Following the stunning EU legislation we talked about yesterday, we contacted several major games e-tailers to get comment on how the legislation would affect their business. We still haven’t heard from Valve or Gamersgate but we’ve had responses from many other companies. They’re below.
Michał Dys, Marketing Manager, GOG.com
“It is hard to say today whether this ruling will impact the business model of GOG.com, because it’s almost impossible to predict the short- and long-term ramifications of this decision for digital distribution and gamers. Right now, most of the discussion centers around an unofficial document for media use; the full text of the judgement needs to be analyzed by lawyers and industry experts.
Additionally, this is a very specific case, and we’ll need to see how this impacts industry as a whole both in the EU and worldwide. We are aware that the consequences can be game-changing and we’re definitely looking carefully into this situation. Gamers’ satisfaction has always been the key concern of GOG.com and therefore, if any new regulation which provides gamers with more freedom is established, we will adjust our business model.”
Jas Purewal, Gamerlaw.
“The second hand sale of used physical and digital software has effectively been declared legal, according to a judgment by the Court of Justice of the European Union yesterday. The case has a potentially significant legal impact on the increasing second hand trade in software, particularly games. However, in some ways the case raises more legal questions than it answers and, in any event, is unlikely to stop efforts by big software businesses to stop or at least reduce second hand sales. The case also seems to conflict with the position taken so far in the USA.”
(Jas has written lots more on this here: http://www.gamerlaw.co.uk/2012/07/legality-of-second-hand-sales-in-eu.html.)
Tom Goldberger,EA PR
“We don’t have a comment to make right now. I’ll keep you updated if we do wish to issue a statement.”
Paul Sulyok, Managing Director, Green Man Gaming (via Eurogamer)
“Medium term, I think some first acquirer somewhere is going to push this through, because it’s the kind of thing the community does, and it’s their right to. There will be a first case against one of the platform holders. The result of that is a foregone conclusion. So they will have to facilitate that. This will shake up the digital distribution market. Long-term there are some important implications and this is very disruptive. Both Origin and Steam would have to facilitate some kind of method whereby a consumer could revoke the activation of that key and then pass a brand new key onto a third part.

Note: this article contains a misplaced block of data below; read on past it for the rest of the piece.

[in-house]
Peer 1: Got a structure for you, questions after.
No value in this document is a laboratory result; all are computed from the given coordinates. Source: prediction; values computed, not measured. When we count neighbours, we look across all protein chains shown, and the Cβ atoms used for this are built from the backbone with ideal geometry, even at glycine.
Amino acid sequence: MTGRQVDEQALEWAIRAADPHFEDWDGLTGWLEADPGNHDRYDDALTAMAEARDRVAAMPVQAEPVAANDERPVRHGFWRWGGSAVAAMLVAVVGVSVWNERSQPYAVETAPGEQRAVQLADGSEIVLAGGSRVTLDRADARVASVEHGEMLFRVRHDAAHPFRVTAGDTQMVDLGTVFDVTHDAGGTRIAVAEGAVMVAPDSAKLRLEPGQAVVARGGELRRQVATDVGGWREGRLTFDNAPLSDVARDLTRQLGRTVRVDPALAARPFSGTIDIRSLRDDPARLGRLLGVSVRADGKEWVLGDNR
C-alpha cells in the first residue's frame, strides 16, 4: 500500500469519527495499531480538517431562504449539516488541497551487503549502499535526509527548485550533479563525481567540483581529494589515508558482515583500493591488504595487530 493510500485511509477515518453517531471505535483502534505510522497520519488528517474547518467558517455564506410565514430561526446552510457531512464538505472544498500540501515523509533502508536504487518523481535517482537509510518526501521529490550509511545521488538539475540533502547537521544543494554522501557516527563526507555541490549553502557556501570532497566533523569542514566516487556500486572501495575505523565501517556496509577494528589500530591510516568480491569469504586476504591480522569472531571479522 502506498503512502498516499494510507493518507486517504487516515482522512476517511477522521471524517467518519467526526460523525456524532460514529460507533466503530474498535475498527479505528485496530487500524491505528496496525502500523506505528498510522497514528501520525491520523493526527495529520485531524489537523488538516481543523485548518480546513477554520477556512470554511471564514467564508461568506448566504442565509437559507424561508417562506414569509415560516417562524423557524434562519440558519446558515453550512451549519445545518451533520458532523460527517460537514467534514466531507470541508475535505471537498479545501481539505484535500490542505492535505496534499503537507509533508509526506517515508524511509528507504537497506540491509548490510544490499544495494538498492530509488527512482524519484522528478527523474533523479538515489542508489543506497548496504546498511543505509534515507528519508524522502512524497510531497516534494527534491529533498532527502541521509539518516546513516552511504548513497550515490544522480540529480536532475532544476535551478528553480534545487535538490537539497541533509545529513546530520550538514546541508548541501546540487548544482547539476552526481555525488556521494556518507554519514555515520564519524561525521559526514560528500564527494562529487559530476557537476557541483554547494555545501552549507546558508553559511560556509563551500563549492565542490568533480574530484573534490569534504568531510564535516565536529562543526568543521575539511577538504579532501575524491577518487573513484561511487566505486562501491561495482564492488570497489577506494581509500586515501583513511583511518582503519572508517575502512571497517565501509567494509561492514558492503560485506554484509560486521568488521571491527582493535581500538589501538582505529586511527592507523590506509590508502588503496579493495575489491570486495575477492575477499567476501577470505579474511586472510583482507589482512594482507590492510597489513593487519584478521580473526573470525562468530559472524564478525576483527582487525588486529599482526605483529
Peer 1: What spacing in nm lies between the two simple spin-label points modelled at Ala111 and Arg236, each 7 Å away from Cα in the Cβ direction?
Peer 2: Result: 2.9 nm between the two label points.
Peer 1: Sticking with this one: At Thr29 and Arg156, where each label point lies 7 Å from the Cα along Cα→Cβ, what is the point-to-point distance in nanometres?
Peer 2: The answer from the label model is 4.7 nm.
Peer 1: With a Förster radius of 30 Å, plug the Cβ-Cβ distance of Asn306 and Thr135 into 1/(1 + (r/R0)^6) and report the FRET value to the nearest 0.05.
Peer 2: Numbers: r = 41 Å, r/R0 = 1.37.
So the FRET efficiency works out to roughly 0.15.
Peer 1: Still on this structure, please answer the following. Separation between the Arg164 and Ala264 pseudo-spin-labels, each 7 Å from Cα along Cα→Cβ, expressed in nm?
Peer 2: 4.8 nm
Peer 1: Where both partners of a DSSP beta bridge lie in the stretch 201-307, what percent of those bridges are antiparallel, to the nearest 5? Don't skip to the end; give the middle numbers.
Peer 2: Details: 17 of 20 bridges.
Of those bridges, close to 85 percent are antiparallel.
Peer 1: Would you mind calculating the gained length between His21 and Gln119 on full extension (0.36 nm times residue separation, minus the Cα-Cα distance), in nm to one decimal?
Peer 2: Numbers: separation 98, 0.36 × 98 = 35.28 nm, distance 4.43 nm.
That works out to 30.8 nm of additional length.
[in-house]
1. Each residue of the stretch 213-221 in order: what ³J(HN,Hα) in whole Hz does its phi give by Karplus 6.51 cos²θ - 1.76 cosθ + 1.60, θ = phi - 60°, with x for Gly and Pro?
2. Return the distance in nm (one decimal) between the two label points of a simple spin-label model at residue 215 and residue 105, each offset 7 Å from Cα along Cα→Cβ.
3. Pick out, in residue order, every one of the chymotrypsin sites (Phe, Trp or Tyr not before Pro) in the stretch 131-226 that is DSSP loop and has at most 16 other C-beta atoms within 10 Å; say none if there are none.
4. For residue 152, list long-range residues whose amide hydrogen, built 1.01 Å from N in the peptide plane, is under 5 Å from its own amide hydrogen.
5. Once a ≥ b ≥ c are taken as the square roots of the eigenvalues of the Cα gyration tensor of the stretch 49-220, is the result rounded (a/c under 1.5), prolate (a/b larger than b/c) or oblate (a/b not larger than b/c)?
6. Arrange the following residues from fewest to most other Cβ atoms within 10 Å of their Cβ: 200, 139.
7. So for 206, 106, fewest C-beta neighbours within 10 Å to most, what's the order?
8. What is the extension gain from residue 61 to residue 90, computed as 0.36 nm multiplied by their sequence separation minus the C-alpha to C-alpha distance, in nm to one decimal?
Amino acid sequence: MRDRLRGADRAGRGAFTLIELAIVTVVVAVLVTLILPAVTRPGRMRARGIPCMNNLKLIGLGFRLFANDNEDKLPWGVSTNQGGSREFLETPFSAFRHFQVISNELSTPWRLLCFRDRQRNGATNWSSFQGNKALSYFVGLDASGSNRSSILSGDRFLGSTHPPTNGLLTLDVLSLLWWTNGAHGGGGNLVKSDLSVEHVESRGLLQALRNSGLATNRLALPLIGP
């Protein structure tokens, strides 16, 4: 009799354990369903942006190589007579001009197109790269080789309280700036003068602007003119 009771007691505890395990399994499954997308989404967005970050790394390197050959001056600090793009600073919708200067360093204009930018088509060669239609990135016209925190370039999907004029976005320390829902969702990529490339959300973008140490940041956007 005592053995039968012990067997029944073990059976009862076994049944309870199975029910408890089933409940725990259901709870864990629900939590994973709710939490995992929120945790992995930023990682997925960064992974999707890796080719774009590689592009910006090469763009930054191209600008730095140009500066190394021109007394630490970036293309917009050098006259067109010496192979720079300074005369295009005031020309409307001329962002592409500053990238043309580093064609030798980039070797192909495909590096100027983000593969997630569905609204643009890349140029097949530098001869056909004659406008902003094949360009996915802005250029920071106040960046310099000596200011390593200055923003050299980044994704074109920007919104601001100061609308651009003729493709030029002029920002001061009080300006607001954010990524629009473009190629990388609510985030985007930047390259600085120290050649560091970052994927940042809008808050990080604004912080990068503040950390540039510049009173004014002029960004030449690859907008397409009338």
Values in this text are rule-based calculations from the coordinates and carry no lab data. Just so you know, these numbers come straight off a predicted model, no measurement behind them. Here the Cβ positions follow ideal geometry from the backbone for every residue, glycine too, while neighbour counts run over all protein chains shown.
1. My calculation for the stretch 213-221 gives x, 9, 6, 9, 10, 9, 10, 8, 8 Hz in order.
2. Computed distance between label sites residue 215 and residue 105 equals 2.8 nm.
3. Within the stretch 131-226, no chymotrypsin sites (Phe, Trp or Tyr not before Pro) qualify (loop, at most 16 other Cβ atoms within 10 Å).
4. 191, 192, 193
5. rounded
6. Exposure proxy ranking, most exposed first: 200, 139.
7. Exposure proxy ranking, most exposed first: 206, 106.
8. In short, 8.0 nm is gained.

The major platform holders are the ones that will be significantly impacted by this. If in Europe legally they are bound to give people the rights to be able to switch off a game and pass a token or a digital code on to a third party, that’s a very interesting proposition. It’s only one step away from being in a situation where a first acquirer says, I would like to have the rights to do this and I have the right to do this, therefore your system should facilitate it. It does link together.
The classic technique of deep discount, short time limited discounts, all of that will be slightly skewed now, because you don’t want to have a deep discounted game that can then be sold on elsewhere. The secondary market then cuts in and then what will happen is the same sort of thing as you’ve seen in the high street whereby a supermarket chain puts a fantastic discount on a product for consumers and all the other high street retailers trot down to the supermarket to buy them to stop them.
When we do this we like to ensure publishers benefit from the resale of the digital product. All of our publishers who are on a trade-in contract benefit on a per transaction base every time that game is sold. It will be an interesting conference call that Steam will have with Origin first thing in the morning, when the West Coast wakes up.”
Green Man Gaming owns several patents on the part-exchange of digital goods – which could cause further problems for the big e-tailers.
Image courtesy of Plex